Outside of missing the 22 ways to successfully market your blog by getting new traffic and repeat traffic, here are some major caveats offered from experience. Don't get caught doing these 11 things that will drive your blog readership down instead of up.

  1. Be careful who you share with - Phil Lauterjung of phillauterjung.com offers the "worst way I have found so far is targeting either the wrong audience or too broad of an audience... it just takes time to figure how which [audiences] are good and which are not." Try to glean from your feedback and traffic which audience is most appropriate for your content. With tools like LinkedIn and Facebook and the proliferation of other blogs and specialty online communities there's no reason to be targeting the wrong group. Be extra careful too with your existing clients and other connections. Don't provide links to every post when they're not relevant to people. Also an interesting note from Maggie Thurber of Thurber's Thoughts don't expect clients to share your perspective on every subject you blog about.

  2. Being a bad sport - if you're going to blog, some level of diplomacy will be critical. Be careful how you respond to disruptive behavior. Also be careful with humor and sarcasm because just like in email, sometimes these things don't translate well in 'text only". Many companies and individuals worry about negative comments on their blog. While negative comments can be a terrible thing, sometimes the reactions of your other community members (who really enjoy your content) can be so compelling that the negative comment turns into a positive for the whole community. While I don't exactly encourage them, negative comments can sometimes give a community a badge of authenticity, transparency and well, community because you've handled adversity together. And keep in mind that your reactions to comments are often more important than the original comment. Be a good sport.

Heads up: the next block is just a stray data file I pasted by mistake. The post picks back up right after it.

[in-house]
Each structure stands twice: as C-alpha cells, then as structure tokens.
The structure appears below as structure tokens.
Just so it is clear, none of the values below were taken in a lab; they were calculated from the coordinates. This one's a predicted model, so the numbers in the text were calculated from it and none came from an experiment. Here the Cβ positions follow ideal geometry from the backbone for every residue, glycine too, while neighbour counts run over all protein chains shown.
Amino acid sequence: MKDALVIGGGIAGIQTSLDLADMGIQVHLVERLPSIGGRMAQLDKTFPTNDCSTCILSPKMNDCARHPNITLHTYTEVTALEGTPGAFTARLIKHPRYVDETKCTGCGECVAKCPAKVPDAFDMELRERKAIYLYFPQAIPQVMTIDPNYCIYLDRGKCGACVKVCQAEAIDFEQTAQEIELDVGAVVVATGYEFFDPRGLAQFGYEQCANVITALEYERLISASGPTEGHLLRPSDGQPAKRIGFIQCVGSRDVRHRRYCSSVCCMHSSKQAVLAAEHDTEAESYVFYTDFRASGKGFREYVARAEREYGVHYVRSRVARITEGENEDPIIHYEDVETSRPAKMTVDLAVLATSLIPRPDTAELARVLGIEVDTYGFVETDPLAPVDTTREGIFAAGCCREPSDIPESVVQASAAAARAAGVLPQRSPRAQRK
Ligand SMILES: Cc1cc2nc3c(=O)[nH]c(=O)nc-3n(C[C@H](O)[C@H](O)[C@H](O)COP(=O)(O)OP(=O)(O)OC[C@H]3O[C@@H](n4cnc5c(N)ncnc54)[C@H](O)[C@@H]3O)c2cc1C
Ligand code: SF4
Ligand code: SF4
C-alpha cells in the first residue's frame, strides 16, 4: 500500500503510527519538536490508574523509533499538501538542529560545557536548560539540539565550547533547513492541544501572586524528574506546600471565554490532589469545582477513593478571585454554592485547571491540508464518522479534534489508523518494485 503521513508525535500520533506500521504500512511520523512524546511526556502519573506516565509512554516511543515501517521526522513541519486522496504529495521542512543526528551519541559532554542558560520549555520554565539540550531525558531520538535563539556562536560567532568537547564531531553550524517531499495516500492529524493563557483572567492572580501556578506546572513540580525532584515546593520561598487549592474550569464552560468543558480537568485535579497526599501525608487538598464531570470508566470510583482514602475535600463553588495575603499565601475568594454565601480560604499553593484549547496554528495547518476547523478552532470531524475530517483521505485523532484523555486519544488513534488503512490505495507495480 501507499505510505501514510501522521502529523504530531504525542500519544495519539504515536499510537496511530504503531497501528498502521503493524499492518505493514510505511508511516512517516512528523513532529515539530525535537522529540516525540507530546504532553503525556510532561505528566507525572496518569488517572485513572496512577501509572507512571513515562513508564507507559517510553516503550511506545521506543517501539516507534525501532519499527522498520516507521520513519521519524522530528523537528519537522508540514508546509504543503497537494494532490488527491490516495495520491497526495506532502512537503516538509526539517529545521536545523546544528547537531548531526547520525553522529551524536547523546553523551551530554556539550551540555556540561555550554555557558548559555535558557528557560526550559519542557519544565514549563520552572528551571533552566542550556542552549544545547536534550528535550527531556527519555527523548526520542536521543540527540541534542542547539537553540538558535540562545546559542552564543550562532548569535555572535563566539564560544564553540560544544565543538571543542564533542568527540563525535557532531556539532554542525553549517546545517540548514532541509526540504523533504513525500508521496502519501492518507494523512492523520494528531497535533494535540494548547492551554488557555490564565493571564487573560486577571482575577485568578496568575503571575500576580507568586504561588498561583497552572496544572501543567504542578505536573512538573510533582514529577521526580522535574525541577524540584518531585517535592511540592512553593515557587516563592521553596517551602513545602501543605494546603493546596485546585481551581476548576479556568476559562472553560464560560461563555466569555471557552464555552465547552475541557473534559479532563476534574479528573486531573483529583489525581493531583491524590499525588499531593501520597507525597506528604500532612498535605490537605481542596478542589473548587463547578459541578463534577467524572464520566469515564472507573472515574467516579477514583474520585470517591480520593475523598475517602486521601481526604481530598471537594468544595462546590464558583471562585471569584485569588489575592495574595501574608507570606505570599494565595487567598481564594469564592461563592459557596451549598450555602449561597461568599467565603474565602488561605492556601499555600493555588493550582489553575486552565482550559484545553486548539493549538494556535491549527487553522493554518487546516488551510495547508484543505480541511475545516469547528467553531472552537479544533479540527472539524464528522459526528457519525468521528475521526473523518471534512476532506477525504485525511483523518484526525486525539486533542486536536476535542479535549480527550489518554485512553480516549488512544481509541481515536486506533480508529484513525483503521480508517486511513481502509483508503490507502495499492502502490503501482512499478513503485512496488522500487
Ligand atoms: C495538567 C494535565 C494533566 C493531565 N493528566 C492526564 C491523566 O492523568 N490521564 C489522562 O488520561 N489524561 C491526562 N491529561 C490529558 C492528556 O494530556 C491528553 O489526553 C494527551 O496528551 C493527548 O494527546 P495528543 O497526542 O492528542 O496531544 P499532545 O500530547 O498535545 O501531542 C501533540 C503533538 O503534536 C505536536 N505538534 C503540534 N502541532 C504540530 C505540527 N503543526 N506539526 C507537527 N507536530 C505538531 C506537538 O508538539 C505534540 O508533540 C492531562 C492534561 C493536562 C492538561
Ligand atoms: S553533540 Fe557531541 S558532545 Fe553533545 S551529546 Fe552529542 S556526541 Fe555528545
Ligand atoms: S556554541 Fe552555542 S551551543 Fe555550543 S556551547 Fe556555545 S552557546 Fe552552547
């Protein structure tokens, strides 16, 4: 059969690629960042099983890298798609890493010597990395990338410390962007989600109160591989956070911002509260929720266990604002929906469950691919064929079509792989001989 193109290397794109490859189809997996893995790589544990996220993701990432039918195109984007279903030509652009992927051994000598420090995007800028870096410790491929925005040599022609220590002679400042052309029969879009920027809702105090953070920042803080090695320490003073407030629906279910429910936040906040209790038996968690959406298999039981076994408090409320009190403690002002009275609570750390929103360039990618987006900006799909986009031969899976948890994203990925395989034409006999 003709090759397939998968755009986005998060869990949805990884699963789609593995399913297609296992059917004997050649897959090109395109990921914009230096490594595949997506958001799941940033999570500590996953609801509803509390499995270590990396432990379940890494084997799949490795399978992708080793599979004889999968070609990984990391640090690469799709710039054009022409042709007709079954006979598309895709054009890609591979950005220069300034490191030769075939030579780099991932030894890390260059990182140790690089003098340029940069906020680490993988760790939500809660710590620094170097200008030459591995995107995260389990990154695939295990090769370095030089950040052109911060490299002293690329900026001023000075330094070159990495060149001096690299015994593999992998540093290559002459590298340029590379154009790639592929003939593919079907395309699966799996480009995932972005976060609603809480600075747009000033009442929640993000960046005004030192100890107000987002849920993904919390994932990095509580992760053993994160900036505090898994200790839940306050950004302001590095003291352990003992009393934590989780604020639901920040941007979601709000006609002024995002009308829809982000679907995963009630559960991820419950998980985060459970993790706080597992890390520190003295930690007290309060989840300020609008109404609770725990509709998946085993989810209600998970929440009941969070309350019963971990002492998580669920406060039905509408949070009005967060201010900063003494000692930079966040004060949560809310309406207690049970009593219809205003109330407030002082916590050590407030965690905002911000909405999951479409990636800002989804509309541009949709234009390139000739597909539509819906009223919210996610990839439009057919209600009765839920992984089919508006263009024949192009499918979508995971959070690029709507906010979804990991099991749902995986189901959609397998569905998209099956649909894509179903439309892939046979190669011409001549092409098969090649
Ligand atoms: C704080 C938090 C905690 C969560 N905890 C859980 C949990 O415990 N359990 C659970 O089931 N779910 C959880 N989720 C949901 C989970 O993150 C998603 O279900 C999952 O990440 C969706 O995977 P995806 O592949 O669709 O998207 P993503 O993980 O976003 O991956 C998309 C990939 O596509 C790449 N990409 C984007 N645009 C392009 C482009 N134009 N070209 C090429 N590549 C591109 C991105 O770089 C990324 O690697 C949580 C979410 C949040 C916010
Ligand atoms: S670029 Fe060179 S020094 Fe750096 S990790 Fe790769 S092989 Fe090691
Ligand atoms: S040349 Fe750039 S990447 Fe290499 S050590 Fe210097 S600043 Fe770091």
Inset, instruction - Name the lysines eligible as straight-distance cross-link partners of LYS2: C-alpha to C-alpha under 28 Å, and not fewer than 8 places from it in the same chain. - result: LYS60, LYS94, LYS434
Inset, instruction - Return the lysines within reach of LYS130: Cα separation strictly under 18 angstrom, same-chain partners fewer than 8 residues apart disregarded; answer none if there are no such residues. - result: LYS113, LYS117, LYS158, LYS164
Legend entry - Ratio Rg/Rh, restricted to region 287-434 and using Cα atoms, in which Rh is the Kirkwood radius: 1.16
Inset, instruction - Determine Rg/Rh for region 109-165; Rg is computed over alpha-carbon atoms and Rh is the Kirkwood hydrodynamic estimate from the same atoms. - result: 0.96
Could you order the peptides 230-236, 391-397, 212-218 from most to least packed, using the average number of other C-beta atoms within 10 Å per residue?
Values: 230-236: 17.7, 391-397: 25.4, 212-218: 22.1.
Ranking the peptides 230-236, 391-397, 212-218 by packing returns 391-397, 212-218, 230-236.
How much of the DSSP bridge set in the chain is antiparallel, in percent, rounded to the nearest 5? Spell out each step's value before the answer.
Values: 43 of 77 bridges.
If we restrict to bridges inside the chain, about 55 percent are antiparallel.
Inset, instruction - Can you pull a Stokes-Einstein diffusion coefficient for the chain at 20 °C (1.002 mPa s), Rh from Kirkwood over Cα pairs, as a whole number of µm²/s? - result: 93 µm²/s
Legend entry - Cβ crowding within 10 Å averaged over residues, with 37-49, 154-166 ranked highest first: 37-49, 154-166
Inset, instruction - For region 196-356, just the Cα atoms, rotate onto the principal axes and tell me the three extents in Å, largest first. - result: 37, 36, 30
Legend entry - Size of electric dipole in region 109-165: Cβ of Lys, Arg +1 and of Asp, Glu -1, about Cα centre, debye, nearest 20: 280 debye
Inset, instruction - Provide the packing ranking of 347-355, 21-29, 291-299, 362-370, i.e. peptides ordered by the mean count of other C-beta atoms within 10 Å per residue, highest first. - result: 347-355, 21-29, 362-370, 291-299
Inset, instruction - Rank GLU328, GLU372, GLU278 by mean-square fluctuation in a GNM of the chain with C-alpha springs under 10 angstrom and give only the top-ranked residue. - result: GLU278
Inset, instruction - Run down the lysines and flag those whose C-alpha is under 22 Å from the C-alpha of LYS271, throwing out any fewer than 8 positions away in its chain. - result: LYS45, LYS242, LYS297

3. Don't be a blog snob! - while there are only so many hours in the day, you want to be careful not to turn down opportunities to write for other blogs just because they may be smaller and less well known. As I mentioned in 13 Ways to Drive Blog Readership it is critical to put your content in front of new audiences and guest posting has the added benefit of building a new relationship with a vocal supporter.

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  5. Silo-ing – as you know it's critical that you don't forget to include "marketing time" in the time you spend on your blog. But an even more insidious threat is what I call "silo"-ing your blog content. Even if you're blogging for a small or intimate audience (a blog directed at clients for example) you have to make sure to incorporate your content throughout your corporate presence. Feature it on your Home page, link to it in newsletters, mention it in client conversations, reference it in other marketing materials, in your site's sidebars and in your customer service emails. Feature reader comments. Make sure the blog is a fully integrated part of your brand, not a "well we thought we should blog but it's not real content so we're not sure if we want anyone to actually read it". If you haven't yet, read my post on Building Blog Loyalty for tips.